Sculptures in Utah abound, but some are more well-loved than others
By John Rasmuson
Who among the tourist hordes visiting Juliet Capulet’s house in Italy has not sidled up to Juliet’s bronze statue and copped a feel of her boob? Not very many. To pass up the opportunity for a fast feel is to forgo the good fortune that Romeo’s girlfriend can bestow, especially to the lovelorn. Her statue was groped so many times, her right breast cracked a few years ago.
The Juliet statue is not the only one said to convey good luck. At West Point, an 1869 statue of Gen. John Sedgwick offers help to cadets who find themselves in academic trouble. Those who seek a Sedgwick boost must don their dress uniform, strap on their sword and make their way to the statue the night before finals. If they spin the rowels of the general’s spurs at midnight, they will do well on the next day’s exams.
Good luck in the stock market may accrue to those who rub the testicles of “The Charging Bull” statue in Manhattan’s Financial District. So many hopefuls have done so, the bull’s balls are burnished as though King Midas had touched them.
It’s less clear what a touch of Abraham Lincoln’s nose offers Utahns. But the evidence is obvious. In the clean, well-lighted space on the fourth floor of the Capitol, the nose on the bust of Lincoln shines brighter than Juliet’s bronze breast. A prominent “Please Do Not Touch” sign has apparently not deterred many a furtive feel since 1929.
Who is fingering Lincoln’s nose? For what benefit?
The proximity of legislators’ offices is suggestive. It may be that Republican legislators are fondling Lincoln’s nose for help in sniffing out leftist intrigue in Salt Lake City’s polluted air. Or perhaps Democrats are secretly touching Lincoln’s bust in the hope that some of the 16th president’s forbearance will rub off.
If legislators are indeed stroking Honest Abe, it is possible they might be doing the same with George Washington. However, Avard Fairbanks’ bust of Washington at Westminster College puts an end to speculation. There is no sign of shine on the lips that could not tell a lie.
Statuary is as much a part of Utah culture as is a well-tended lawn. From the inscrutable (Gilgal Garden) to the religious (Temple Square) to the playful (Library Square), the city’s statues freeze-frame time. Many memorialize such notables as Martha Hughes Cannon in their prime or such events as Brigham Young’s pronouncement at the mouth of Emigration Canyon, “This is the place.”
“This is the place” is an evocative clause. Besides the association with Brigham Young, it is invoked often on the sites of historic events around the state. Some of these memorials are more expressive than others. The bronze trout hugging the ground along 2100 South in Sugar House mark habitat forever lost. Beneath them, the stream from Parleys Canyon, where Cutthroat trout once thrived, flows toward the Jordan River in an asphalt-shrouded pipe.
A statue can also become problematical—especially in an era of political correctness—as sculptor Jerry Anderson can attest. In two instances, his statues became a lightning rod as a storm of controversy kicked up over southwestern Utah like a monsoon thunderstorm.
One was in St. George, five years before the church shooting in Charlestown, S.C., caused memorials of the Confederacy to be scrutinized. Dixie State College took down an Anderson statue called “Rebels.”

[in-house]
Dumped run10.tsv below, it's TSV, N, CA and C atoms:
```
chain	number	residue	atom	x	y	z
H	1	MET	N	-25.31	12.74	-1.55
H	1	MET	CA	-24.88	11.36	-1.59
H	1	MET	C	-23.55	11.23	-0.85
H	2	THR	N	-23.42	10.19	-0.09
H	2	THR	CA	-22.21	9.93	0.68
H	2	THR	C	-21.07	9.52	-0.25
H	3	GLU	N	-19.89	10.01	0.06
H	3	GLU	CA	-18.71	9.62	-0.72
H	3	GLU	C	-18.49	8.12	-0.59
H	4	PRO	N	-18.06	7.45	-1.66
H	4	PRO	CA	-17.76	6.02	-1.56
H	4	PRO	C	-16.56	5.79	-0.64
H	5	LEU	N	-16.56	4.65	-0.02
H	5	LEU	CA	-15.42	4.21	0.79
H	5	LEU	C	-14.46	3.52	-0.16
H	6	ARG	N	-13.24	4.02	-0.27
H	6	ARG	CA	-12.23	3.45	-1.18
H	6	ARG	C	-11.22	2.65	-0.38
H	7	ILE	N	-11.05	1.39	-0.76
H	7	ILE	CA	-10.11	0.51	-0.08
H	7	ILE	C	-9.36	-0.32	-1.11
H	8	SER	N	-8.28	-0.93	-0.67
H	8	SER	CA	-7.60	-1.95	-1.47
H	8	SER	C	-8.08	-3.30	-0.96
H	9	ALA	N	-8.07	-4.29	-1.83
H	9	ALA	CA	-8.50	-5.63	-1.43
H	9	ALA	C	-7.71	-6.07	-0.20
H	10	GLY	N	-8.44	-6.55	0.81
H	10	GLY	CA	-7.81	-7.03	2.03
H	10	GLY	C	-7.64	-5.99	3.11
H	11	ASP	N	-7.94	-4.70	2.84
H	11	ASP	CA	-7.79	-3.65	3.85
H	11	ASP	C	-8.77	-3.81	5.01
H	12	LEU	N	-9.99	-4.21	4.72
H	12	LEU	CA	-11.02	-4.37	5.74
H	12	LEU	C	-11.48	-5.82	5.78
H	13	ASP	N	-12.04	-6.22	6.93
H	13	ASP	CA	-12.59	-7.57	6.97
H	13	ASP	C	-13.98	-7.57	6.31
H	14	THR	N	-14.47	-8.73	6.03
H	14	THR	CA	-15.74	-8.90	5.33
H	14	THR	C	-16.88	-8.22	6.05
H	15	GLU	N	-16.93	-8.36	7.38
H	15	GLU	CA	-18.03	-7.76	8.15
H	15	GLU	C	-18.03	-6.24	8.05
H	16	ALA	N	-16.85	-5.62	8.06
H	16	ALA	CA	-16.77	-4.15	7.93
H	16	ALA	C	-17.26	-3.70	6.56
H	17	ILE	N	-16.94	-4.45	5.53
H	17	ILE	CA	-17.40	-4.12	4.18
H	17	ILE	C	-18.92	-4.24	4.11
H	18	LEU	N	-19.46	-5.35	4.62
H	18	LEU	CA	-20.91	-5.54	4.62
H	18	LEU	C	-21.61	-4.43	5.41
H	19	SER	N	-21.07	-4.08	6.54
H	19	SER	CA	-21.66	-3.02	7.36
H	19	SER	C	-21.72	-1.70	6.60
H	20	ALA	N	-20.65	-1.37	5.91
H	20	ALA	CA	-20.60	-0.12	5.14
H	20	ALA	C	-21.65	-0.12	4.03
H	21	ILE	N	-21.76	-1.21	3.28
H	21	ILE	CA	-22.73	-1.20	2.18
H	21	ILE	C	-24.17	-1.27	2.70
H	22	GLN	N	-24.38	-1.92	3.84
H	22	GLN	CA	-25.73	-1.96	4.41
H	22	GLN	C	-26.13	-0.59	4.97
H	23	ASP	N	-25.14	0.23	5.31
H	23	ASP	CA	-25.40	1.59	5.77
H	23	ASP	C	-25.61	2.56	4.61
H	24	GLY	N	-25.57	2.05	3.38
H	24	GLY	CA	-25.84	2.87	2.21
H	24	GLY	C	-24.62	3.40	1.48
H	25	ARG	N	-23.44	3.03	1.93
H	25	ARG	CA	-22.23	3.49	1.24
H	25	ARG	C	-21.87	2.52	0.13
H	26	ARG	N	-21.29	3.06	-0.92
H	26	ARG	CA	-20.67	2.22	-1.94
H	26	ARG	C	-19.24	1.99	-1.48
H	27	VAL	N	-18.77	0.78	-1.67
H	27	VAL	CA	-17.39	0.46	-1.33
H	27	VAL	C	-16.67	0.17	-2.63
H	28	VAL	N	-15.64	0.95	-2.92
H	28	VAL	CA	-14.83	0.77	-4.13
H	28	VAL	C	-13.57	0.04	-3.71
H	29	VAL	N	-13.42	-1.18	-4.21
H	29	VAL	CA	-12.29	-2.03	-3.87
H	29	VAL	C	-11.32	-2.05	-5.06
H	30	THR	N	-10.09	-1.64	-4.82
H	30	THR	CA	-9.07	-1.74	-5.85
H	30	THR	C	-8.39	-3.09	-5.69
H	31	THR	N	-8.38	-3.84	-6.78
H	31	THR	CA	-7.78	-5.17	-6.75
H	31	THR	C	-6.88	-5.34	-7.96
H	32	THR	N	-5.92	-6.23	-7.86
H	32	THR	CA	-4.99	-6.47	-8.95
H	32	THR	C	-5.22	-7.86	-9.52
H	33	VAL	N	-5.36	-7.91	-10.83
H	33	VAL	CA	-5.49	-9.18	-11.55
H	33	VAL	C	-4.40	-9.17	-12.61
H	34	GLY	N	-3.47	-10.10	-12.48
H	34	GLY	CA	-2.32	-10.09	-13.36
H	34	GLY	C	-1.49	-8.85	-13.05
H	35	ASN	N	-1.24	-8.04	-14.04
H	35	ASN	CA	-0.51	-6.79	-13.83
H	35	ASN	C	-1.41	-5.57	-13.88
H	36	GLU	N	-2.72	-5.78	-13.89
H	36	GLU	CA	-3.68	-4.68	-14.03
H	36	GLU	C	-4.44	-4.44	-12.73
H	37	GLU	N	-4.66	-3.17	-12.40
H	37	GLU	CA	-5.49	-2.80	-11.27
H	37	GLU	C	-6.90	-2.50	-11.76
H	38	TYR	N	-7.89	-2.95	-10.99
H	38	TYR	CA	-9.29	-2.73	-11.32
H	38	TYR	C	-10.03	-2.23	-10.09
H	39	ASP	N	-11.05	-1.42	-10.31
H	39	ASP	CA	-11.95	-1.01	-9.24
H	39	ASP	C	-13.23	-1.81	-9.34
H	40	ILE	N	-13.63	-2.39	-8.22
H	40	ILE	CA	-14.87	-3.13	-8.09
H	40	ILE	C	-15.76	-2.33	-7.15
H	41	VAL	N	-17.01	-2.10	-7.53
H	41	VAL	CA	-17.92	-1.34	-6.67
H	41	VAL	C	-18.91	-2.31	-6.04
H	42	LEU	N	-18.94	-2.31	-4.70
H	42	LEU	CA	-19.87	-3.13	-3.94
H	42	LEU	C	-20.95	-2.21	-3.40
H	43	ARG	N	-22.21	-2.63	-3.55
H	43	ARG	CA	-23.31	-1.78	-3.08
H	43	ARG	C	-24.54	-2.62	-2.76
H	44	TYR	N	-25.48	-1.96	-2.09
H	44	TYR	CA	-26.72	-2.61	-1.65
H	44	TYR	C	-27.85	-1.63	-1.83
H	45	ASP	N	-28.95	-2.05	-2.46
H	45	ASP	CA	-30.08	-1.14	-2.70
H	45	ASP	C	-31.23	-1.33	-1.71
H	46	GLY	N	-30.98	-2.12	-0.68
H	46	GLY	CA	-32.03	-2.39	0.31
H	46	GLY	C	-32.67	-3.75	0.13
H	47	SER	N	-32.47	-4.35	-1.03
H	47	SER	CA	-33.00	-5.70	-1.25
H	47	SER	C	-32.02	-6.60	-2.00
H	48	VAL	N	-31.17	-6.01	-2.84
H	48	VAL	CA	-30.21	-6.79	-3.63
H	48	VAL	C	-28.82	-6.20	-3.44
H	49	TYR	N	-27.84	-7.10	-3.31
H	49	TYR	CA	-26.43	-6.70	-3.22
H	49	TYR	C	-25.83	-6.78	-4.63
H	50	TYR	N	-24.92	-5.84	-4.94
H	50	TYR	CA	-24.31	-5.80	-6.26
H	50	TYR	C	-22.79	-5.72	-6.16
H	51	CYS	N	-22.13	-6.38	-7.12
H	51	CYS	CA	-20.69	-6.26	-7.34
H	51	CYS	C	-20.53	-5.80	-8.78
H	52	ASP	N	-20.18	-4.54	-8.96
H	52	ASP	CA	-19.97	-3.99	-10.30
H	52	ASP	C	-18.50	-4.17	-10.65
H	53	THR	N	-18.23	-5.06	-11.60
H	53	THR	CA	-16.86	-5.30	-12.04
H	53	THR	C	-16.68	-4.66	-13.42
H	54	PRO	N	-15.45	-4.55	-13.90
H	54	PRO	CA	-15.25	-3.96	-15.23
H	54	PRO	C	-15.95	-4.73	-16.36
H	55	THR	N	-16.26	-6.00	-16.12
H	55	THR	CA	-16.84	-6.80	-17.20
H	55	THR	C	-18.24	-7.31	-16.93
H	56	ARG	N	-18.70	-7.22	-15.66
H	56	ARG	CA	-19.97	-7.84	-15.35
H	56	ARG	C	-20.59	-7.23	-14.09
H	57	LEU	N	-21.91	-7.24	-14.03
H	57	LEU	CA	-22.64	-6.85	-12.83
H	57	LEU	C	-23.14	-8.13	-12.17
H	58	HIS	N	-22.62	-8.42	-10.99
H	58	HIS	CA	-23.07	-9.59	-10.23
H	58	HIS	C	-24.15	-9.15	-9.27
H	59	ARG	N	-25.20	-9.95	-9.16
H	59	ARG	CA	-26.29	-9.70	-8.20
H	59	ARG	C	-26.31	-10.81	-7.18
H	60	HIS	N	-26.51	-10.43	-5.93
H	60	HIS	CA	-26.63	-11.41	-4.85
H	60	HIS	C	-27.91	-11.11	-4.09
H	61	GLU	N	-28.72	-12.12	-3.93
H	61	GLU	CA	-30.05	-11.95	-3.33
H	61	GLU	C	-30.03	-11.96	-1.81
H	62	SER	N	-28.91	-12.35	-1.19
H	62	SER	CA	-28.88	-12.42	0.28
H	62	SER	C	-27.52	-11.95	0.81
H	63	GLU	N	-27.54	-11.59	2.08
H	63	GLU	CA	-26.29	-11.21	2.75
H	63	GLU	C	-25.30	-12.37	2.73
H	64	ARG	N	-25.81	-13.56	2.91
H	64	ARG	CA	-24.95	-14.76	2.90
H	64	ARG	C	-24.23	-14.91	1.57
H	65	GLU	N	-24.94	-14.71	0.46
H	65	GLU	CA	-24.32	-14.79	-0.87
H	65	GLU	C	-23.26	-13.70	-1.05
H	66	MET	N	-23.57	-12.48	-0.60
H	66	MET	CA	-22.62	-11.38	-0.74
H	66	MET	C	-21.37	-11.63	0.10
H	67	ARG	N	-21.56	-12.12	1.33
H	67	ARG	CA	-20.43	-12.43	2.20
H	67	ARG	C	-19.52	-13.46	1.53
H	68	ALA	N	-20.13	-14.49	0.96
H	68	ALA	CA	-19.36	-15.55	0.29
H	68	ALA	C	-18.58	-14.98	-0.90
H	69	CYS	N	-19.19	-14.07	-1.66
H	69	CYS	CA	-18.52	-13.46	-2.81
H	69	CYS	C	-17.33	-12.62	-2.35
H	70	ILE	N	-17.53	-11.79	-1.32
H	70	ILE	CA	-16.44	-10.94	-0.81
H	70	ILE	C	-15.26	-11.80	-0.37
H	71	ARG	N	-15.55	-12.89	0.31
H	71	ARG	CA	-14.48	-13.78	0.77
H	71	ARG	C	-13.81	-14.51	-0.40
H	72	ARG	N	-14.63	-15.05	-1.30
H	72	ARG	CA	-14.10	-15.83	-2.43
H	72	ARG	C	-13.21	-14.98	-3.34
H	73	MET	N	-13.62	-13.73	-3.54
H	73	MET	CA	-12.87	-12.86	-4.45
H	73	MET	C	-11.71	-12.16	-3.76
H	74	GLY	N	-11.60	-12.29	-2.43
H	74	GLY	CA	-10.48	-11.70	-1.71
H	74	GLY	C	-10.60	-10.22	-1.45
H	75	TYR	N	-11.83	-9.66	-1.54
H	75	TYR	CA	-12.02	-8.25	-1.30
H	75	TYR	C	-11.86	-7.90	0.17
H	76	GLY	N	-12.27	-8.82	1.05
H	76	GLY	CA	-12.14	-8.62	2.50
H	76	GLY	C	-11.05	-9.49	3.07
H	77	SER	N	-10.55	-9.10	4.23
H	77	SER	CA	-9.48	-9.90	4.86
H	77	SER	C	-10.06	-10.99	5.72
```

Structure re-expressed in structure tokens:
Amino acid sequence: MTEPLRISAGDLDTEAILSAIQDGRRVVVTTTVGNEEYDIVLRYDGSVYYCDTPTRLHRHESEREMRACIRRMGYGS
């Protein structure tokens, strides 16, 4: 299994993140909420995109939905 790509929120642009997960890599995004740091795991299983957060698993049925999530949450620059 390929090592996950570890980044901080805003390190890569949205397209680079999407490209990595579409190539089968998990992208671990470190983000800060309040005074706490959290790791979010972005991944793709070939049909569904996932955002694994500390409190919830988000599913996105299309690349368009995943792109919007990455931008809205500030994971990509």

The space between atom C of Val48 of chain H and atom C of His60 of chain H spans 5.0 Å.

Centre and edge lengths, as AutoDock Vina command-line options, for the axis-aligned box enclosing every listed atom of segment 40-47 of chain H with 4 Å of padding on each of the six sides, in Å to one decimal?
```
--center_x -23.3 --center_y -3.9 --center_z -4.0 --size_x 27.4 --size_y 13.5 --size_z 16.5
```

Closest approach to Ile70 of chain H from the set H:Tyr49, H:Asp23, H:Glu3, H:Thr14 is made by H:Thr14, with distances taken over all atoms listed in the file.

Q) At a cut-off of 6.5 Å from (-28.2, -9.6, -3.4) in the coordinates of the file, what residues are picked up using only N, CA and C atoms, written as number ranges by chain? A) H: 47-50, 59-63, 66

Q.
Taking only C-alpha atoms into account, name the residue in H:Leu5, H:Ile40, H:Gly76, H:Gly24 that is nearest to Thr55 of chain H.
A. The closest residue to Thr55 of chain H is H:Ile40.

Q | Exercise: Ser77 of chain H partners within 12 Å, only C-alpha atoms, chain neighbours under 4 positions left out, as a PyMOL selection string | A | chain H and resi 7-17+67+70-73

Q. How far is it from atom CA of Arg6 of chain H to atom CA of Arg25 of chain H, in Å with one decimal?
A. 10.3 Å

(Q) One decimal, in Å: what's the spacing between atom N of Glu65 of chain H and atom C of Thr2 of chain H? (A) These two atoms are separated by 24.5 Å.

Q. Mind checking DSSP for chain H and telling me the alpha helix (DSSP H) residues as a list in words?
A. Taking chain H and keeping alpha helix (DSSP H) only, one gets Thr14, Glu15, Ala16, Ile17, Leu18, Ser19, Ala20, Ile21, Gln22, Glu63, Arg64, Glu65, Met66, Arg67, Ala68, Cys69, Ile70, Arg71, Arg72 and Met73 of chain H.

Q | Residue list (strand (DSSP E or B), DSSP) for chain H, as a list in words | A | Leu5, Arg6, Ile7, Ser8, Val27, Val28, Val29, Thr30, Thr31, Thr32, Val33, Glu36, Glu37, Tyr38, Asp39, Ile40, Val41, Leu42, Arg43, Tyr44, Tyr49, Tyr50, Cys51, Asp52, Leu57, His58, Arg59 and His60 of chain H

The $35,000 statue of two Confederate soldiers with a Confederate flag, commissioned in the 1980s, was deemed a liability in Dixie State’s campaign to gain university status. (The school had retired its Confederate soldier mascot, Rodney the Rebel, in 2005, replacing him with Brooks the Bison a few years later.)
“It was a kick in the pants,” said Anderson. “One hundred percent of people felt bad about ‘Rebels’ going down.” He ultimately bought the statue back from the college. It is now displayed near Anderson’s gallery in Leeds, Utah.
He also bought back his statue of John D. Lee in 2004. It had been commissioned by the Washington City Council to honor one of the town’s pioneer founders. However, to descendants of those killed by Mormon militiamen in Mountain Meadows, 30 miles north of St. George, in 1857, the statue of Lee was offensive. Lee was tried, convicted and executed for his role in that slaughter of 120 people in a wagon train en route to California from Arkansas.
In a 2004 Deseret News story, a spokesman for the Washington City Historical Society said, “We never intended to honor him for his part in the Mountain Meadows Massacre, but John D. Lee did a lot of great things for Washington City. He was a good man. He built the cotton mill and taught people how to get the water here to grow the cotton.”
A good man or a mass murderer? Such a dichotomy is not uncommon these days. Some people feel that statues memorializing the Confederacy are part of the South’s cultural legacy; others view them as symbols of treason and white supremacy. Regardless, most have been on display in public places for decades—as was Anderson’s “Rebels.”
“I don’t like it, but things change,” reflected Anderson, who is still working at 84. What was acceptable yesterday may not measure up to today’s standards. The change is determined more by ideology than artistry. What doesn’t change is how people engage with art. Some use their eyes and ears; others rely on their hands. Anderson doesn’t care if people touch his statues. However, Jim Glenn, manager of the Utah Public Art Program, has a nuanced view of touch as a function of human nature. To touch is to engage art, he said, even when touching is discouraged by curators like himself.
Utah’s inventory of public art is short on bare-breasted women. The bronze bulls at This Is the Place Monument have been castrated. A “don’t touch” sign guards Lincoln in the Capitol. It seems that Utahns’ best bet for a touch of good luck is to comb their lush lawns until they find a four-leaf clover.